TV series are a window to the world – the streaming services changed the way to consume media to reach new audiences. Streaming platforms such as HBO Max, Disney +, Netflix, Amazon Prime, among others, have achieved over 1.1 billion subscribers in 2020, according to GlobalData.
With the potential reach of streaming services, media entertainment products can reach audience ratings all over the world. In addition, media product storytelling is the best way to understand different cultures and realities, giving international viewers a deep dive perspective of the culture, history, and politics of a particular country.
Netflix announced in 2021 the project “Mais Brasil Nas Telas” (in English, “More Brazil on the Screens”) meant to bring more Brazilian stories to the international community. Moreover, the streaming service company announced 40 new Brazilian shows by 2022.
The Netflix announcement is an opportunity for international audiences to explore the culture, politics and dystopia stories of Latin America’s largest country. Here is a list of great Brazilian series that should be on your radar to watch.
Created by Pedro Morelli, the Brazilian plot starred Seu Jorge, a Brazilian singer/songwriter and actor, brings a reality-based story about the criminal factions which control the criminal organization from within the jail. The series was filmed in the deactivated wing of the Curitiba prison, an active prison in Brazil. It references a criminal organization, PCC, the First Command of the Capital, the biggest criminal faction in Brazil, with approximately 29,400 members in 22 of the 27 Brazilian states.
The series’ story is told from the perspective of Cristina (Naruna Costa), a lawyer that discovers that her brother, Edson (Seu Jorge), runs the criminal organization named “Brotherhood” inside prison. The unique narrative follows the ethical challenges of Cristina while she sinks deeper into the faction’s problems; at the same time, her loyalty is tested both by the police and the criminal organization.
Girls from Ipanema (Coisa Mais Linda)
“Most Beautiful Thing” is a series inspired by Tom Jobim and Vinicius de Moraes’s iconic Bossa Nova song, which blends American jazz with Brazilian samba with over 500 different versions globally. The Brazilian hit from the 60s’ is considered the second song most played in history after Yesterday by The Beatles and became a cultural landmark for Brazil with its storytelling about Rio de Janeiro, the most known Brazilian city in the world.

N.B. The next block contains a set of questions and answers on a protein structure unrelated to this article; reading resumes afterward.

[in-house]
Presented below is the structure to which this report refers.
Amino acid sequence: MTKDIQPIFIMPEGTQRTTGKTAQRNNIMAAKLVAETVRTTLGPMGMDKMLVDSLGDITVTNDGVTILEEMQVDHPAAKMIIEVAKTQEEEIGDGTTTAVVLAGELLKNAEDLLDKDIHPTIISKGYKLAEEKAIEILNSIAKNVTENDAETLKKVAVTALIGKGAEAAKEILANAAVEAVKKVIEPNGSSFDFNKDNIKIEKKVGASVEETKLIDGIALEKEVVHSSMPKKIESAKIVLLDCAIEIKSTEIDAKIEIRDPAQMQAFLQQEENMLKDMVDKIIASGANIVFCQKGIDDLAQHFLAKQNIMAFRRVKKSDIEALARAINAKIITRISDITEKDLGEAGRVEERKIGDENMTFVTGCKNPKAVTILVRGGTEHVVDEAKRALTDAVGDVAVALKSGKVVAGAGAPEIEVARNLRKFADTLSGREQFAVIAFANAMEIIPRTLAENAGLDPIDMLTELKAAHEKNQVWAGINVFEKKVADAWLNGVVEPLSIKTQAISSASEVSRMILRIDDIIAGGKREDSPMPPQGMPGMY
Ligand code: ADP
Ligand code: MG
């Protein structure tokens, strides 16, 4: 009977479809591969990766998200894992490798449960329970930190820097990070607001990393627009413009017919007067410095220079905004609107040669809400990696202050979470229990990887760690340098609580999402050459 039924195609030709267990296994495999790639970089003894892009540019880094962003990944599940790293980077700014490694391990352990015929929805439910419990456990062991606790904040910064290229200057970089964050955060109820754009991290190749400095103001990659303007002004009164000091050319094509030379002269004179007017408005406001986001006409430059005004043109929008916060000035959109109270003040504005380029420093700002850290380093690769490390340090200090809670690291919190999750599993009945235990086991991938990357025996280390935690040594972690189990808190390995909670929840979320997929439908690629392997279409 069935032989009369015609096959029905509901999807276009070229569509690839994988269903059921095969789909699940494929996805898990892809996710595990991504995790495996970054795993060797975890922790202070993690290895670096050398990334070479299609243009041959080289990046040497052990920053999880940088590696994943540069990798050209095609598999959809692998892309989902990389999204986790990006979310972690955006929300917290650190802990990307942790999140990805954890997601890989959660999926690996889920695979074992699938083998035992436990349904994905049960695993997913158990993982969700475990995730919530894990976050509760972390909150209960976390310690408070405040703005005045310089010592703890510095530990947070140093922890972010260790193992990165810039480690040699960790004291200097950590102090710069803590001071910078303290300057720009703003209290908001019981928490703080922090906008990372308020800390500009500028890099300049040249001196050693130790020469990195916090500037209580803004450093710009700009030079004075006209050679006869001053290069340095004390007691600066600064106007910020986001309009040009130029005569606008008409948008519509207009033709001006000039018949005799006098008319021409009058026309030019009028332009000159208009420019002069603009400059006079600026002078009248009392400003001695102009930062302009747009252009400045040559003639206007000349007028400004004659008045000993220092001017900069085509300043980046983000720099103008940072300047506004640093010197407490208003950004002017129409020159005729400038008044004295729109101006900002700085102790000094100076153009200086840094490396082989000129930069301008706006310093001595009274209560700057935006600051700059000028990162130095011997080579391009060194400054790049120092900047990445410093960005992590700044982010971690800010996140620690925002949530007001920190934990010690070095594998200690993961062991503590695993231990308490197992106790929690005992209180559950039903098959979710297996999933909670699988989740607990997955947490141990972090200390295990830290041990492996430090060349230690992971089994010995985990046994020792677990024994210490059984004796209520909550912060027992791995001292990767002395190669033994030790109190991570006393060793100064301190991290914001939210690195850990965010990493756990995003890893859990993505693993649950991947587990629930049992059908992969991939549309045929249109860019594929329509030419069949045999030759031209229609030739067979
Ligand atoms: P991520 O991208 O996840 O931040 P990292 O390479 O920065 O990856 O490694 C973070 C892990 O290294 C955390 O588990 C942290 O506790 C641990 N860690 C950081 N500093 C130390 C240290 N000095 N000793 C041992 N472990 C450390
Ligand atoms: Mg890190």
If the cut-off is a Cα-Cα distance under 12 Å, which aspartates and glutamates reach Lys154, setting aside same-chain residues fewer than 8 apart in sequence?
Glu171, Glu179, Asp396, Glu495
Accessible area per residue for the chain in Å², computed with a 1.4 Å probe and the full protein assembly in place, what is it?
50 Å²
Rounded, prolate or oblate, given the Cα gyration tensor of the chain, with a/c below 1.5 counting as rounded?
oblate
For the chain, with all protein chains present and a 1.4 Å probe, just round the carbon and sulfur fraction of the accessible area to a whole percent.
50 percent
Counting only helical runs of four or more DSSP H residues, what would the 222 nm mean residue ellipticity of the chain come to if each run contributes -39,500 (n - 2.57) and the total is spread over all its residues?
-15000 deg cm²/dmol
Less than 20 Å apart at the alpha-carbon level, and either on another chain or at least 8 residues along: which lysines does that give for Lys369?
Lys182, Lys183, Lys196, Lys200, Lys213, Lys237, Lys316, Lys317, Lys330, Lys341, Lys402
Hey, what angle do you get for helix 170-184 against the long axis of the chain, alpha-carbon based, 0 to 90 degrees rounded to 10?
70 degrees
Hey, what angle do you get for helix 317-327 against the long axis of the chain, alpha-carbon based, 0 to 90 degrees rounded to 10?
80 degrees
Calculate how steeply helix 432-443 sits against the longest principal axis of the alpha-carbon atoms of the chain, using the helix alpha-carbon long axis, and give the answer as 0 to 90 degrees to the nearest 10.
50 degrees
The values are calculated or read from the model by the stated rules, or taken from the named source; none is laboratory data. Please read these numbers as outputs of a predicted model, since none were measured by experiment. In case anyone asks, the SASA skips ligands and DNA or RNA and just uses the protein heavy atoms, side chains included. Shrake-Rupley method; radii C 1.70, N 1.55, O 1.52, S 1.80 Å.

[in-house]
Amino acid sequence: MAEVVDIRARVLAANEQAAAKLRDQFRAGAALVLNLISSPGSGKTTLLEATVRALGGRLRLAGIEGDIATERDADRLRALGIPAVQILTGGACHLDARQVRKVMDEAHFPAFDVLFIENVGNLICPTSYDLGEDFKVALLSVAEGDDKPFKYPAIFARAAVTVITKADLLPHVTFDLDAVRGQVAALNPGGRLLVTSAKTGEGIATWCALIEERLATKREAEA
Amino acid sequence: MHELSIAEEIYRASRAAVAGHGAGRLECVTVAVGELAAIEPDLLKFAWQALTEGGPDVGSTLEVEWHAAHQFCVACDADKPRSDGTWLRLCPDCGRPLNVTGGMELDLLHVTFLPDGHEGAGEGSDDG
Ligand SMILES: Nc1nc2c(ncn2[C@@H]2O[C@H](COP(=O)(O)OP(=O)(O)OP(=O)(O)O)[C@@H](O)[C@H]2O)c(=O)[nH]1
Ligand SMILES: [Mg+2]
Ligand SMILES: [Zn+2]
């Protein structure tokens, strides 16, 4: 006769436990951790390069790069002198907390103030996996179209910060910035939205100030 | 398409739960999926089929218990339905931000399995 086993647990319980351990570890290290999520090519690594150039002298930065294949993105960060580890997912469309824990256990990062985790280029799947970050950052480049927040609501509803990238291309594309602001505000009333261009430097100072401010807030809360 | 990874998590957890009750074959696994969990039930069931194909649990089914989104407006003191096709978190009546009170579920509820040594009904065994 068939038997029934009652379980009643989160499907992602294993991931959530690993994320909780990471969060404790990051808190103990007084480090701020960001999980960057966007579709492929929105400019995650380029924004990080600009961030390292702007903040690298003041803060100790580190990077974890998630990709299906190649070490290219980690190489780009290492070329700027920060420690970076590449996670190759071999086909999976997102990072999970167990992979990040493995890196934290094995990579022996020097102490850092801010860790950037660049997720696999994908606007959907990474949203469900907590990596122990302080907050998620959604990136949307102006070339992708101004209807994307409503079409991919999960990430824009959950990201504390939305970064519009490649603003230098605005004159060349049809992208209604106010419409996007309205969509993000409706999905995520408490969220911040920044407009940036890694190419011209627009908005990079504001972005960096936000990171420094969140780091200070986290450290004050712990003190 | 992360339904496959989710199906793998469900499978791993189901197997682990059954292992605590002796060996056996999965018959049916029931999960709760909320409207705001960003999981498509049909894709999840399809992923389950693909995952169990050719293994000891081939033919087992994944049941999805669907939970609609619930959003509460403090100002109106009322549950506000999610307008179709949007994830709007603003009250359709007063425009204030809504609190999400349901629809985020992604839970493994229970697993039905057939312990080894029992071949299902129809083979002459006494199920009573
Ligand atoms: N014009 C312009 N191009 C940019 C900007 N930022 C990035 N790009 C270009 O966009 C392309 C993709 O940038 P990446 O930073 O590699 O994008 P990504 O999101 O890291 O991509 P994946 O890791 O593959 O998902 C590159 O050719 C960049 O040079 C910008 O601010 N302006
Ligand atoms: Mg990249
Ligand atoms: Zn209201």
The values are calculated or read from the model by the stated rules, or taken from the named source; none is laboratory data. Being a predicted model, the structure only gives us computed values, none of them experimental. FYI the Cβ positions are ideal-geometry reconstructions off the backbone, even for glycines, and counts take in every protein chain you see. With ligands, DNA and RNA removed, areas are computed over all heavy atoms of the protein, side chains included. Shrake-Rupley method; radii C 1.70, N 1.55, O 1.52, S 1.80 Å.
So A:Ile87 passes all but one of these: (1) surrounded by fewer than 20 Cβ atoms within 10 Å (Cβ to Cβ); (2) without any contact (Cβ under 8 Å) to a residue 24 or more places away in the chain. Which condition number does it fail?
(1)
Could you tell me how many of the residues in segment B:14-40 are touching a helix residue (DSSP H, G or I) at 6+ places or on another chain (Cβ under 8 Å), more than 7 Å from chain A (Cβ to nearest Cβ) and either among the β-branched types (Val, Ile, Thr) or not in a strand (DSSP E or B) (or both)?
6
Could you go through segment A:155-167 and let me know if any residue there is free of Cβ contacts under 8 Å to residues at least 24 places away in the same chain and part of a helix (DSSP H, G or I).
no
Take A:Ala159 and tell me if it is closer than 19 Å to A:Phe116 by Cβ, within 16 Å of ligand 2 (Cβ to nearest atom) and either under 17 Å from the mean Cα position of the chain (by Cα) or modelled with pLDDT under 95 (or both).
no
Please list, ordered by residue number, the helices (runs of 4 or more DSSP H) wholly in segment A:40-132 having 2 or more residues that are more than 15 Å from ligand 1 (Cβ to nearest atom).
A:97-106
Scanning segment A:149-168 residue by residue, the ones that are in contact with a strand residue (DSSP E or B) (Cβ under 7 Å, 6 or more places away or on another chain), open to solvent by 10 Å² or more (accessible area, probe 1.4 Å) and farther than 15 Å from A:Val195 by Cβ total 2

The show from Netflix explores the Girls from Ipanema vibe from Jobim and Moraes, focusing on Malu’s (Maria Casadevall) life and her relationship with her new lover, a Bossa Nova singer Chico (Leandro Lima). Moreover, the show crosses Malu’s life with Adélia (Pathy Dejesus), a black woman living in one of Rio de Janeiro’s favelas. “Most Beautiful Thing” highlights the social issues from that decade, such as racism, sexism, and women’s rights. In addition to the impeccable soundtrack, the series cinematography transports the audience to a vintage Rio de Janeiro with a lot of tension, drama and sensuality.
Sintonia, a Netflix series released in 2019, explores the funk music along crime and religion in to São Paulo’s capital favelas through three main character’s Doni (MC JottaPê), Nando (Christian Malheiros), and Rita (Bruna Mascarenhas). Produced by Kondzilla Records, the largest music video production company considered the leading popularizer of funk ostentação in Brazil, the series raises important issues about organized crime, violence, poverty and the influence of the religious institution in a low-income community.
The Brazilian drama show innovates in breaking favelas stereotypes through human approach to the problems faced by these communities. The Netflix series invited ex-convicts actors who had participated in a social project focused on acting in a prison facility in Guarulhos, São Paulo. In addition to the fiction, the series brings the discussion towards the favelas community to the streaming platform using funk as the main anchor and, inside favelas, the central resource for social ascension in a country drowned by social inequality.